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Council data good, league tables little value, LGNZ says

Council data good, league tables little value, LGNZ says

New “league tables” released by the Taxpayers Union provide useful data but reaching meaningful conclusions by comparing councils is difficult, Local Government New Zealand says.

New Zealand’s 78 councils are incredibly diverse, spanning Auckland with 1.5 million residents to Kaikoura with less than 4000, and face a range of distinct challenges. Each council has different circumstances and provides different levels of service.

LGNZ president Dave Cull says while any initiative that helps citizens better understand and access knowledge about their local council is welcomed, interpreting that data requires careful analysis to understand how a council is performing.

“Some areas are experiencing rapid growth and having to borrow significantly to meet the infrastructure demands of an increasing population, other areas are responding to burgeoning tourism while some are maintaining infrastructure and services with a declining population,” Mr Cull says.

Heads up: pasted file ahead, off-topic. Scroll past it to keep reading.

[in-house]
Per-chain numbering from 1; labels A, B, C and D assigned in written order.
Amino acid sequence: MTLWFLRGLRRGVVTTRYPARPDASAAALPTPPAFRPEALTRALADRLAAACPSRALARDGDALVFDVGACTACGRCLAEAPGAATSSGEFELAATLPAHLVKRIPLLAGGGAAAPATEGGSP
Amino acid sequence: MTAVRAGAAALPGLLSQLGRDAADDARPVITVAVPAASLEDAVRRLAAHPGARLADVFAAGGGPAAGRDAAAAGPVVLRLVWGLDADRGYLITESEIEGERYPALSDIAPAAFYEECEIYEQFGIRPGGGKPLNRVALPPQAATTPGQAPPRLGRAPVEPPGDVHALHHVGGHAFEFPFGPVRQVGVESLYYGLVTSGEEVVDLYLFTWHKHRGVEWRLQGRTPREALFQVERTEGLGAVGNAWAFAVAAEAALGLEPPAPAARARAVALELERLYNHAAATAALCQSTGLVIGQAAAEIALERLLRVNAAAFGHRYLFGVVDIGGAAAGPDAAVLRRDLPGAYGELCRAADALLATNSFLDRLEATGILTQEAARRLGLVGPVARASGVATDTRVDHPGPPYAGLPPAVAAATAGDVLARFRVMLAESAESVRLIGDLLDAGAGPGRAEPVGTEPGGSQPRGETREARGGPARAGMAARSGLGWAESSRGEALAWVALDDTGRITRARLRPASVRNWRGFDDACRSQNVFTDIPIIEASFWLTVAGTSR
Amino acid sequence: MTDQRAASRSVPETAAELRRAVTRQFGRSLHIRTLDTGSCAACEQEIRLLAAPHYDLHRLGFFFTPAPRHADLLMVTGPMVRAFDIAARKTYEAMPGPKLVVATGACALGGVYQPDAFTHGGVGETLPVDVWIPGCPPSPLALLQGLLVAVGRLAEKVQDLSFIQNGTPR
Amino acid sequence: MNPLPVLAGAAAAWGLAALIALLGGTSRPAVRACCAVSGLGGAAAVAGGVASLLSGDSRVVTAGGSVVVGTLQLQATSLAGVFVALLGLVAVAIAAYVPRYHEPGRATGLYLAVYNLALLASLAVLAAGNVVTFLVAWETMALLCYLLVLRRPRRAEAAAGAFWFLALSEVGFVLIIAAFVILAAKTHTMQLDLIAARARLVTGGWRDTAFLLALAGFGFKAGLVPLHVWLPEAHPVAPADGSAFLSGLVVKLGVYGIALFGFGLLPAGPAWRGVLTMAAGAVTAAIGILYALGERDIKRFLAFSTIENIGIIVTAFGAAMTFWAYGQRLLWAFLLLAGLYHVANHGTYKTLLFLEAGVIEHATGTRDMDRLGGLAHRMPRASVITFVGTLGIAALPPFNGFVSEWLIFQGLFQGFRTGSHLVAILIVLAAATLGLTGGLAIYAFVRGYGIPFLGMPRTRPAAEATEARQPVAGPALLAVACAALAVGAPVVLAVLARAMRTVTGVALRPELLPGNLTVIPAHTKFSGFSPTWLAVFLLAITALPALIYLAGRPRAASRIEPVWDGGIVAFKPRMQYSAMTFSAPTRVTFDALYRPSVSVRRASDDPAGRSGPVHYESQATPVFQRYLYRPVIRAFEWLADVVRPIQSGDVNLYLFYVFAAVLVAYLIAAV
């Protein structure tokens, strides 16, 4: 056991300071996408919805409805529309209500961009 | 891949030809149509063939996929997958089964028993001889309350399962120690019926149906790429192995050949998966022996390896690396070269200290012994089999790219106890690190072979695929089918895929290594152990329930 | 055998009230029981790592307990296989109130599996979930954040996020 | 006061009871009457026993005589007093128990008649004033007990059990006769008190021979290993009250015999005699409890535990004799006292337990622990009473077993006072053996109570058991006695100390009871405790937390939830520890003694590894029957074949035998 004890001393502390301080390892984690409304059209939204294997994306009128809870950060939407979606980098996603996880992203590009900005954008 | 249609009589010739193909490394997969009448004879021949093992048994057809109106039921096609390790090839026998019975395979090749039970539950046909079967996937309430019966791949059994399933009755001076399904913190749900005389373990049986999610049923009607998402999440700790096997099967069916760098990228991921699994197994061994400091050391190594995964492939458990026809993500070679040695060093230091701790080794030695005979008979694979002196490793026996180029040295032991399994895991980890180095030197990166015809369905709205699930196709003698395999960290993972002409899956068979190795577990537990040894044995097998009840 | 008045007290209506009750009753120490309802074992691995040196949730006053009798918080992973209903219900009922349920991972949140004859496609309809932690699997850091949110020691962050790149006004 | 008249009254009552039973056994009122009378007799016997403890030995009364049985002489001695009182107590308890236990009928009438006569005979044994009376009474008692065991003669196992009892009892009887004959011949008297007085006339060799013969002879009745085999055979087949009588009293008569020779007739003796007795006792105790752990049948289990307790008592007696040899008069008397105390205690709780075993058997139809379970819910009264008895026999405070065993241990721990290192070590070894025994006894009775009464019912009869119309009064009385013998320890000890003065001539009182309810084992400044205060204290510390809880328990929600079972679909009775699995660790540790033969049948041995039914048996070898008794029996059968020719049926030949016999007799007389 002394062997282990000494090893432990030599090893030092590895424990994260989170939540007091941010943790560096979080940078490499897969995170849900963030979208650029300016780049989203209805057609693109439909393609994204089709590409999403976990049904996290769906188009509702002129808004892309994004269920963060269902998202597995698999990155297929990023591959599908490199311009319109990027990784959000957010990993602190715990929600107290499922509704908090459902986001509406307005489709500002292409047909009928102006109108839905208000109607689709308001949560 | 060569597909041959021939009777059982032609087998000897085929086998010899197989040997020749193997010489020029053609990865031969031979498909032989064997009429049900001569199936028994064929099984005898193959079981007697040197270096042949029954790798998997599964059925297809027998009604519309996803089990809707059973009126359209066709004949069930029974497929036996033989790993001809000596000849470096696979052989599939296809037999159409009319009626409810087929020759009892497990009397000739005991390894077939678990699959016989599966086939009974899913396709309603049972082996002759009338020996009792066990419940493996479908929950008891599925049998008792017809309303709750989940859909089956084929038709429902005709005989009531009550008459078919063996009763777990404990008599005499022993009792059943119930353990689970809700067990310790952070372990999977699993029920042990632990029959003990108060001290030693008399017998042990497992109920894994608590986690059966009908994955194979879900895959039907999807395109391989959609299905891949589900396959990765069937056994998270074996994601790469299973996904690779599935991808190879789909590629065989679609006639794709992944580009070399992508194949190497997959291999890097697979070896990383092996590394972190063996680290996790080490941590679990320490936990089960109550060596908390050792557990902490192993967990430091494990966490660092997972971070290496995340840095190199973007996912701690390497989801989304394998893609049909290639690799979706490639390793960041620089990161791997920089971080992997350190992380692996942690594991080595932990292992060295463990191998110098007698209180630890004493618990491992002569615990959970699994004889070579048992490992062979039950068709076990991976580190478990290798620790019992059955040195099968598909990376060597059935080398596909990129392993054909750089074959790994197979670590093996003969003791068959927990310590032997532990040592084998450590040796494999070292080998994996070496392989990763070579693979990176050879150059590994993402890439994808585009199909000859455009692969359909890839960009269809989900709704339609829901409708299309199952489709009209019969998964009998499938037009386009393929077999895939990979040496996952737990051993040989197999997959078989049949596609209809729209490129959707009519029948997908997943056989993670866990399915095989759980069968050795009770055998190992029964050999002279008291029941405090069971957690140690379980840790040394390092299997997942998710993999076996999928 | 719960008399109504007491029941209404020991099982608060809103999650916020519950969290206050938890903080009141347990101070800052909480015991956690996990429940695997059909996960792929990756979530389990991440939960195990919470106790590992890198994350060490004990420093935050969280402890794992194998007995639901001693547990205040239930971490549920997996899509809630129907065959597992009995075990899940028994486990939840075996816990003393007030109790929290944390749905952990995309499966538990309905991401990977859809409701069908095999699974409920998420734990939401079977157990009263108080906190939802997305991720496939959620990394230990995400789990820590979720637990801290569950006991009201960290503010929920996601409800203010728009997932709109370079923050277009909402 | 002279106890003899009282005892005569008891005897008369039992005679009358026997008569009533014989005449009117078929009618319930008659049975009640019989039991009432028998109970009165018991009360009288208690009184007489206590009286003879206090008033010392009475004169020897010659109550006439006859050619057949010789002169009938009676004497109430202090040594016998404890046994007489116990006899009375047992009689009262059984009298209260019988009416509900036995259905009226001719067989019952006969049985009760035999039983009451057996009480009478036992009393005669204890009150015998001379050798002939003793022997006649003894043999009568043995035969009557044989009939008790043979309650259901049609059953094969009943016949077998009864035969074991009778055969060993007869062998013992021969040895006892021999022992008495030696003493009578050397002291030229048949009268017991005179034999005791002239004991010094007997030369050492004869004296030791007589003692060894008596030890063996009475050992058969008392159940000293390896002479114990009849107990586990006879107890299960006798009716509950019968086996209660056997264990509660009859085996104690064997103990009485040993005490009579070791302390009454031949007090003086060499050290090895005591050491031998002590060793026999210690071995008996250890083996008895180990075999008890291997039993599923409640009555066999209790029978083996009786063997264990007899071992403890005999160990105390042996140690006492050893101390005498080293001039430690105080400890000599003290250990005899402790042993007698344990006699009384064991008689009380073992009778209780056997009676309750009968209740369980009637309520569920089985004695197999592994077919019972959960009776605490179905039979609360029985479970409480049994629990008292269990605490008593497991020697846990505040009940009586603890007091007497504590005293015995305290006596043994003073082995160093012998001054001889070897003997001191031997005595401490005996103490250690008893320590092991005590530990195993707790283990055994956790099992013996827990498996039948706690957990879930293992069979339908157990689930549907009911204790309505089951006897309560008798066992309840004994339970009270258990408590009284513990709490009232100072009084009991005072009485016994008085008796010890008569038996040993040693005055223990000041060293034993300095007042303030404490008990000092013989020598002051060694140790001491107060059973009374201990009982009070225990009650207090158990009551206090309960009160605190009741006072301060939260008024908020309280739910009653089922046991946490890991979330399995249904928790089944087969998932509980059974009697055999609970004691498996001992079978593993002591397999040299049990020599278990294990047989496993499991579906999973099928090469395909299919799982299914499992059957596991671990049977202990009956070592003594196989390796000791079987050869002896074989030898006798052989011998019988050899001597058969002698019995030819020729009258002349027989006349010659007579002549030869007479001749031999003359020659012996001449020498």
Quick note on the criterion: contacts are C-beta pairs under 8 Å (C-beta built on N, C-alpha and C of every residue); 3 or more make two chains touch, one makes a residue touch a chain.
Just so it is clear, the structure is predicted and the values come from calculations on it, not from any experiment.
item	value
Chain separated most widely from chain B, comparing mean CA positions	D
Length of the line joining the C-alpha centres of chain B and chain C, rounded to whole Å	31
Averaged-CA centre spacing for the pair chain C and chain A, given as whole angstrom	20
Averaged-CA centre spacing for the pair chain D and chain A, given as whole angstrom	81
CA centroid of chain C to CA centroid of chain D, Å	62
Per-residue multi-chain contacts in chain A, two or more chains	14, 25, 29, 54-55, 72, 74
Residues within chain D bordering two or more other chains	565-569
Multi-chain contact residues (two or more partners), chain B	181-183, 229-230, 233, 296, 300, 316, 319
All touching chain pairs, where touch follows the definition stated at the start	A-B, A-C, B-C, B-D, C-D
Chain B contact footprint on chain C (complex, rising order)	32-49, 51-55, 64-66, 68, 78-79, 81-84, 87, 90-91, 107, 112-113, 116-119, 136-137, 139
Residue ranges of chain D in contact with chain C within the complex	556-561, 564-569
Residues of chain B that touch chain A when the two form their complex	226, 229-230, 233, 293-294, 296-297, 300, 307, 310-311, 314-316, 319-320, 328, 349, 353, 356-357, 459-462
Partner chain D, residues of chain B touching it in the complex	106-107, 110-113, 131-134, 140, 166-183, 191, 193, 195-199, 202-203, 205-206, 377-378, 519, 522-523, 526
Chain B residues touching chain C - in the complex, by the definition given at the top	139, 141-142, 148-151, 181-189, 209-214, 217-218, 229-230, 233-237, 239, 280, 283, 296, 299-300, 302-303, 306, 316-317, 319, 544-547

Mr Cull says some of the statistics used in the report, for example comparing different councils’ asset values per ratepayer, provide little useful insight. Comparing a rural council with a small population but large roading and pipe networks with an urban council with a small geographical footprint and a significantly more diverse asset base is not meaningful or relevant.

“To compare councils on the basis of them being geographic neighbours is not particularly useful. Wellington City and Wairarapa may be on each other’s doorstep, but the differences between them are significant.”

Mr Cull says the local government excellence programme launched last year, CouncilMARK™, provides a much deeper look at council performance.

CouncilMARK™ was set up by the sector to show and grow local government performance, and is an independent assessment system which sees participating councils assessed by measuring indicators across leadership, finance, service delivery and community engagement.

“Eighteen councils from around New Zealand are Foundation Councils and the first to go through the assessment process. Reports for the first six council assessments are complete and have been released, and further assessments are underway,” Mr Cull says.


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